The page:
Cost-utility analysis of an integrated care model for multimorbid patients based on a clinical trial
The rise of multi-morbidity constitutes a serious challenge in health and social care organisation that requires a shift from disease-towards person-centred integrated care. The aim of the current study was to develop a conceptual framework that can aid the development, implementation, description, and evaluation of integrated care programmes for multi-morbidity. The framework structures relevant concepts in integrated care for multimorbidity and can be applied by different stakeholders to guide development, implementation, description, and evaluation.
The patient-centered medical home (PCMH) has clinical benefits for chronic disease care, but the association with patient-reported outcomes such as health-related quality of life (HRQoL) is unexplored in patients with multimorbidity (two or more chronic diseases). The aim o this study was to examine if greater clinic-level PCMH implementation was associated with higher HRQoL in multimorbid adults.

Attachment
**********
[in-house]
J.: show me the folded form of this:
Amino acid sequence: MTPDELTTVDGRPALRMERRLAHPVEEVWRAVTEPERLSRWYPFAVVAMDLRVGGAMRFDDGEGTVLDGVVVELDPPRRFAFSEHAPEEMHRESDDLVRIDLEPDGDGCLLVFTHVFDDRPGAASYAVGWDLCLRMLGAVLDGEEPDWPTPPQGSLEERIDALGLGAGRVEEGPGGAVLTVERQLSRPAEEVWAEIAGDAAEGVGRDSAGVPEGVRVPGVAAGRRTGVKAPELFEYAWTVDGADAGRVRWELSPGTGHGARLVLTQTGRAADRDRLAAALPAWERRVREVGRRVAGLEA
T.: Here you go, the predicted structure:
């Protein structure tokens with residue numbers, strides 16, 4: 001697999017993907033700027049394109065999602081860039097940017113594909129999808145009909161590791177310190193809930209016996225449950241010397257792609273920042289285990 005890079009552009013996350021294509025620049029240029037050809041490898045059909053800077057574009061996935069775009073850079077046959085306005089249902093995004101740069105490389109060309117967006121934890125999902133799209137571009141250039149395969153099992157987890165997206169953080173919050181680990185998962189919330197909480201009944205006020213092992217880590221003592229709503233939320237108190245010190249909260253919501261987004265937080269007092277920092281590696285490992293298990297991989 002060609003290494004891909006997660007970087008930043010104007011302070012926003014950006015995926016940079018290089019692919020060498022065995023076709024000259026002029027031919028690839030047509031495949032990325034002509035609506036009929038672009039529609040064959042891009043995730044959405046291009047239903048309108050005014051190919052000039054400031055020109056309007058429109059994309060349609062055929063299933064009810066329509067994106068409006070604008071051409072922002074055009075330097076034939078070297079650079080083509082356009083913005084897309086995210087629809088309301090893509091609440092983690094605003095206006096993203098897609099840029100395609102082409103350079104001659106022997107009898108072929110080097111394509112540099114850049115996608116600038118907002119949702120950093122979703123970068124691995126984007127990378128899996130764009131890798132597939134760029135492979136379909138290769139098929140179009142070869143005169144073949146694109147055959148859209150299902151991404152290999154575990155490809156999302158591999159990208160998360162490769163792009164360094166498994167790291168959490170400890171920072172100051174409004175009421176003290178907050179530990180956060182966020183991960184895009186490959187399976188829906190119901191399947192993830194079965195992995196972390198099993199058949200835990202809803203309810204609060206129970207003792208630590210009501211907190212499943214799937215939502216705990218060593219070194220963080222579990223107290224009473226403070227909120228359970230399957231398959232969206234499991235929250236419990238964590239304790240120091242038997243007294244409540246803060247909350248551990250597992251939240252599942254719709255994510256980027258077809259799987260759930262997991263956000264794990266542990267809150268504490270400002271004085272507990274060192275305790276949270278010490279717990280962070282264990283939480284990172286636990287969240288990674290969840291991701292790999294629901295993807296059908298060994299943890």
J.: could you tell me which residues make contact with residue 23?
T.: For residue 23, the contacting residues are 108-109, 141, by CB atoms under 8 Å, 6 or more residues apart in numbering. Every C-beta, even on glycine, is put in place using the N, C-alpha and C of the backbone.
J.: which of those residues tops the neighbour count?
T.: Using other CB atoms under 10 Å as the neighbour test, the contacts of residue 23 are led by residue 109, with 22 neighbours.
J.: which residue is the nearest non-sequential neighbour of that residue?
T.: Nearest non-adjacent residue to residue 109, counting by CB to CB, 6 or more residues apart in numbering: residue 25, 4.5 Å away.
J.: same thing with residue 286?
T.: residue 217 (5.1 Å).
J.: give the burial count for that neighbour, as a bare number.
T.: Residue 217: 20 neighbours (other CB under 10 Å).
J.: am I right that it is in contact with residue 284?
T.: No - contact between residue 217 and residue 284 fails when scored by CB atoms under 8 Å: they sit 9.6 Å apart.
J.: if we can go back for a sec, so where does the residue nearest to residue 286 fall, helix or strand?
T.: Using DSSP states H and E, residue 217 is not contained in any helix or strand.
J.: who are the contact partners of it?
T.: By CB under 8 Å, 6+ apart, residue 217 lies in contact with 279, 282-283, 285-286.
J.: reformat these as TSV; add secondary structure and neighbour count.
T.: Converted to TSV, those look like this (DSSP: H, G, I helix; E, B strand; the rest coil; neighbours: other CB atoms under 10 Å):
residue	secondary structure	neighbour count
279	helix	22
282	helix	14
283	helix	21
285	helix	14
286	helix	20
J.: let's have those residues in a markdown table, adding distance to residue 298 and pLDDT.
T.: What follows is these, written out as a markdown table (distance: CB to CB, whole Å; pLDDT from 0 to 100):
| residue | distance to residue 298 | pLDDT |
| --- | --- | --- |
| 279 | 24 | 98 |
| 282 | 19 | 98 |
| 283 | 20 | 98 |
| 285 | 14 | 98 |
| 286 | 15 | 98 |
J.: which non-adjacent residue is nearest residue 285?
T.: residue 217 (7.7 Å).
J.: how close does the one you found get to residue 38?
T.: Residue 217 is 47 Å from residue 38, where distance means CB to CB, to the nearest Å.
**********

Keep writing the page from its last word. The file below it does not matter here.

In Australia and internationally there is a strong policy commitment to the redesign of health services toward integrated physical and mental health care. When executed well, integrated care has been demonstrated to improve the access to, clinical outcomes from, and quality of care while reducing overtreatment and duplication. Despite the demonstrated effectiveness and promise of integrated care, exactly how integrated care is best achieved remains less clear. The aim of this review study was to identify factors that support the implementation of integrated care between physical and mental health services. An integrative review was conducted following the framework developed by Whittemore and Knafl, with quantitative and qualitative evidence systematically considered. To identify studies, Medline, PubMed, PsychINFO, CINAHL were searched for the period from 2003 to 2018, and reference lists of included studies and review articles were examined. Nineteen studies were included. Synthesis of study findings identified seven key factors supporting ...